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All Things Audio
Everything Audio, from acquisition to postproduction.

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Old September 15th, 2004, 05:25 PM   #16
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Location: Bay Area, California
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Squelch is the term used in radio (and these are radio transmitters), but the same idea in the audio world is called a "gate," if you're familiar with what that is.

It is understood that anytime you are using radio frequencies, there is some background signal that the receivers will pick up. Even without all of the man-made radio energy, our little planet is being bombarded with radio waves from space, so there is always something. In practice, there will often be faint signals being picked up from distant (or not-so-distant) transmissions). But we don't want to hear or record this background noise, right?

The Squelch lets you set a volume threshold that must be met before the transmitter transmits or the receiver sends the received signal to its internal amplifier. By adjusting the squelch above the level of the background noise, that noise isn't transmitted unless someone is talking into the mic at a volume higher than the squelch level, and then it will be masked by that person's voice. As soon as the person stops talking and the volume drops down below the squelch threshold, the transmitter no longer transmits, and the circuit goes quiet.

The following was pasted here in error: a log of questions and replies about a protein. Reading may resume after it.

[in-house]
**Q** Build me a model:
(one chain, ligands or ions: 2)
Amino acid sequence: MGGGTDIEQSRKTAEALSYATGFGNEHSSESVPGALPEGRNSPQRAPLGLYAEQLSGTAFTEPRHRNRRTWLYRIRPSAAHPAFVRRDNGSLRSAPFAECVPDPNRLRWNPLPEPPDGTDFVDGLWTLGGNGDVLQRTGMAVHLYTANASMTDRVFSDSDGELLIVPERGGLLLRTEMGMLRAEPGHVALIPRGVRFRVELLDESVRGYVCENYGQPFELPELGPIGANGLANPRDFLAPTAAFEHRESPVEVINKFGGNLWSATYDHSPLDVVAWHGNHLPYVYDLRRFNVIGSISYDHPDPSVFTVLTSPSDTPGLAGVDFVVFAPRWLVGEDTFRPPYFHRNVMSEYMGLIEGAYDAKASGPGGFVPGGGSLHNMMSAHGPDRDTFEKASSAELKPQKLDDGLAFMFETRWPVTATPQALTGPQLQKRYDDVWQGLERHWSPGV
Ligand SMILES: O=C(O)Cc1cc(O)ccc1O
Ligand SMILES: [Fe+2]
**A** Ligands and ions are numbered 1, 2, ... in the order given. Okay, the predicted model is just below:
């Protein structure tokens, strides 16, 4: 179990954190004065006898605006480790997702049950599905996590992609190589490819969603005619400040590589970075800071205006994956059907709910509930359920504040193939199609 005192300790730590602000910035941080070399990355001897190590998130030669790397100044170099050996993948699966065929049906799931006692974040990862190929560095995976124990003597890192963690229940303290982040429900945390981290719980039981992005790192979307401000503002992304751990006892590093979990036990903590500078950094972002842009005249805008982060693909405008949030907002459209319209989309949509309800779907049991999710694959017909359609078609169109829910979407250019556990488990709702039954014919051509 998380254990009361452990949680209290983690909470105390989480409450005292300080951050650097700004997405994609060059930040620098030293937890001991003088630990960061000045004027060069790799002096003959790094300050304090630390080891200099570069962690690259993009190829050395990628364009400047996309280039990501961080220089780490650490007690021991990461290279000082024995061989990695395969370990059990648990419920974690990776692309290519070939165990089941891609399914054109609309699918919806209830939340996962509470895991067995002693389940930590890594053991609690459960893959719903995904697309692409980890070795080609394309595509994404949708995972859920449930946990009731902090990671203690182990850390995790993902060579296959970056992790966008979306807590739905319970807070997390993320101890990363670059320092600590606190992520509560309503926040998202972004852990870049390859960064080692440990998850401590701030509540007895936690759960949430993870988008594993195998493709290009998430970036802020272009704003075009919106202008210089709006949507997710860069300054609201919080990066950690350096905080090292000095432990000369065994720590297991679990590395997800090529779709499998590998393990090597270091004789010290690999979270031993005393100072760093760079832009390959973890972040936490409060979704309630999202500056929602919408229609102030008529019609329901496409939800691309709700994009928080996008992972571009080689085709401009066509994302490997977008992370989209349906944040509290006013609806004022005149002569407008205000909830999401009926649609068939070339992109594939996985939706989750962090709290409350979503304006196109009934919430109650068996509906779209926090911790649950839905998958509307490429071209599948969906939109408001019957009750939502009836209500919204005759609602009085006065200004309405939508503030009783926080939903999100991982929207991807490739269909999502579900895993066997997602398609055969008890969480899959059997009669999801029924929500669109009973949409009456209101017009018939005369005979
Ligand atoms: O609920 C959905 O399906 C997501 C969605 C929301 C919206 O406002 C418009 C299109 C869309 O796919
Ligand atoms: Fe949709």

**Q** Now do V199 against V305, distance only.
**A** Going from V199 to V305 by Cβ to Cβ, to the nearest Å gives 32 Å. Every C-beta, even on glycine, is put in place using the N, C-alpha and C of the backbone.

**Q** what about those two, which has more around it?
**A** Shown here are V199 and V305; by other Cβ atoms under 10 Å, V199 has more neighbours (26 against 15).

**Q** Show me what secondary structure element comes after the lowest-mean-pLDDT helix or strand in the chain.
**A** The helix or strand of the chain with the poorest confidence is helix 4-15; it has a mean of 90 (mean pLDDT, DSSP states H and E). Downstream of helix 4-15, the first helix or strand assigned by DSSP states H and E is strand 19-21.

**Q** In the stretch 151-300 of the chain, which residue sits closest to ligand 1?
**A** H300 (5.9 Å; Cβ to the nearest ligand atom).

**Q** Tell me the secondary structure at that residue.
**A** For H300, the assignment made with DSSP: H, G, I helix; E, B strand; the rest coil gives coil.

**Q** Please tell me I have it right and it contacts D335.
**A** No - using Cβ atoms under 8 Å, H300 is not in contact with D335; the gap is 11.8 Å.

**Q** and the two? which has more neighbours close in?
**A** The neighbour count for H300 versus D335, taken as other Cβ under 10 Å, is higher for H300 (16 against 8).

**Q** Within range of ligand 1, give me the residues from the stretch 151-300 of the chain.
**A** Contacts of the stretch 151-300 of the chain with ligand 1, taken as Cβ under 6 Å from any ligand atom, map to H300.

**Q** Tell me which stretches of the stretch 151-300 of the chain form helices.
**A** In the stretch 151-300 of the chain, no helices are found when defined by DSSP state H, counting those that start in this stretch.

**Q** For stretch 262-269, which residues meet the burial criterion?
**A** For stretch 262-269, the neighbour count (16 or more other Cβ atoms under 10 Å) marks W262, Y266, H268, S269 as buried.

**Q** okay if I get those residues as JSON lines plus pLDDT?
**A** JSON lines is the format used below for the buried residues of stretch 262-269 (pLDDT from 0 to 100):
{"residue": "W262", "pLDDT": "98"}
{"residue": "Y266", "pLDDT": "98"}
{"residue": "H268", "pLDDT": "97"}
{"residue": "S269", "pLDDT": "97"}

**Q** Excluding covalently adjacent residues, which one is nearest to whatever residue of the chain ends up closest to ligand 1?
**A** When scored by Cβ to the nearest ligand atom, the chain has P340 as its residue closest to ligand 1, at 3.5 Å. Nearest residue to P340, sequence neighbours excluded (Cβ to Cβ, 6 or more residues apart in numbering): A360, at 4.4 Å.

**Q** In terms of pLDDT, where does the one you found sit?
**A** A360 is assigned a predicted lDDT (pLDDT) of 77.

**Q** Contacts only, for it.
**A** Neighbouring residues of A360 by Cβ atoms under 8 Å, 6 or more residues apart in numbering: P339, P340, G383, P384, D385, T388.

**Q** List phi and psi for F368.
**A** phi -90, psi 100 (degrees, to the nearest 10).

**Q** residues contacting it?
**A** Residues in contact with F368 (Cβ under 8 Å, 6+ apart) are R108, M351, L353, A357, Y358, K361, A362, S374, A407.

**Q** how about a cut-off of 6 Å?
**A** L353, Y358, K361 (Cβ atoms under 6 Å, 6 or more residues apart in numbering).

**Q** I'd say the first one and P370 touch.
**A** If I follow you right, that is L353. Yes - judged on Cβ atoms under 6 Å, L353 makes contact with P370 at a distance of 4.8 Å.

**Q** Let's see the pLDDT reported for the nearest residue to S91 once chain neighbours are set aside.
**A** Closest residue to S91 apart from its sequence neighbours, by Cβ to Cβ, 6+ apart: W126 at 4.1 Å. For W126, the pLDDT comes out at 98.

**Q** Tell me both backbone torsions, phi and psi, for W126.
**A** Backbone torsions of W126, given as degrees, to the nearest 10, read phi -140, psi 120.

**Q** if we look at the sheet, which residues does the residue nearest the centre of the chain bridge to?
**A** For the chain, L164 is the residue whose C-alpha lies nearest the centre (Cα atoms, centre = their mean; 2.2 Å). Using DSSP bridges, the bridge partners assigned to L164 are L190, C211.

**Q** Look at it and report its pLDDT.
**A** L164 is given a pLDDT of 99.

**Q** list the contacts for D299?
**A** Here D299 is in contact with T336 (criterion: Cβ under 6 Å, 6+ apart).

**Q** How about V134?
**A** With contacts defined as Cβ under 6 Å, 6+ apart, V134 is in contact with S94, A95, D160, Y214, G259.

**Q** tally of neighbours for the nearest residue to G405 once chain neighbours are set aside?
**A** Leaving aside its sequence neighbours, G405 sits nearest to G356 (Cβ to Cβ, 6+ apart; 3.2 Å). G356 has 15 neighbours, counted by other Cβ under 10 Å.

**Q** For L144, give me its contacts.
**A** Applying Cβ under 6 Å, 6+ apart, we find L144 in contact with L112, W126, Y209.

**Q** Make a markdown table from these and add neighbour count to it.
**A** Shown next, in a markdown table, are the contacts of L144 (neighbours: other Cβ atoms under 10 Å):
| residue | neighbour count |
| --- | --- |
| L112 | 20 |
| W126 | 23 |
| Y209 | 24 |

The problem comes if the squelch is adjusted incorrectly. Too low, and the background noise may become loud enough to cross the squelch threshold and get transmitted, adding unwanted noise to your recording. Too high, and the person who you're trying to record will get cut off whenever their speech volume drops below the squelch threshold, which will sound kind of like an intermittent connection.

Normally, you adjust the squelch down until you can hear the background noise, then bring it up until you hear the squelch circuit cut out the noise. Add another 10% or so just in case the background noise gets louder later on, and then test it by speaking softly into the mic. If the mic picks you up okay even at low volume, you're all set. If you're getting cut off when your voice is too soft, then you need to back off the squelch a bit.

Once set, you should rarely have to adjust your wireless gear, and if/when you do, it should be only a tiny tweak up or down.

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Old September 16th, 2004, 12:17 PM   #17
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Location: Manchester and Kent, UK
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Thanks Troy. Your explanation is very much appreciated.
Richard Lewis.
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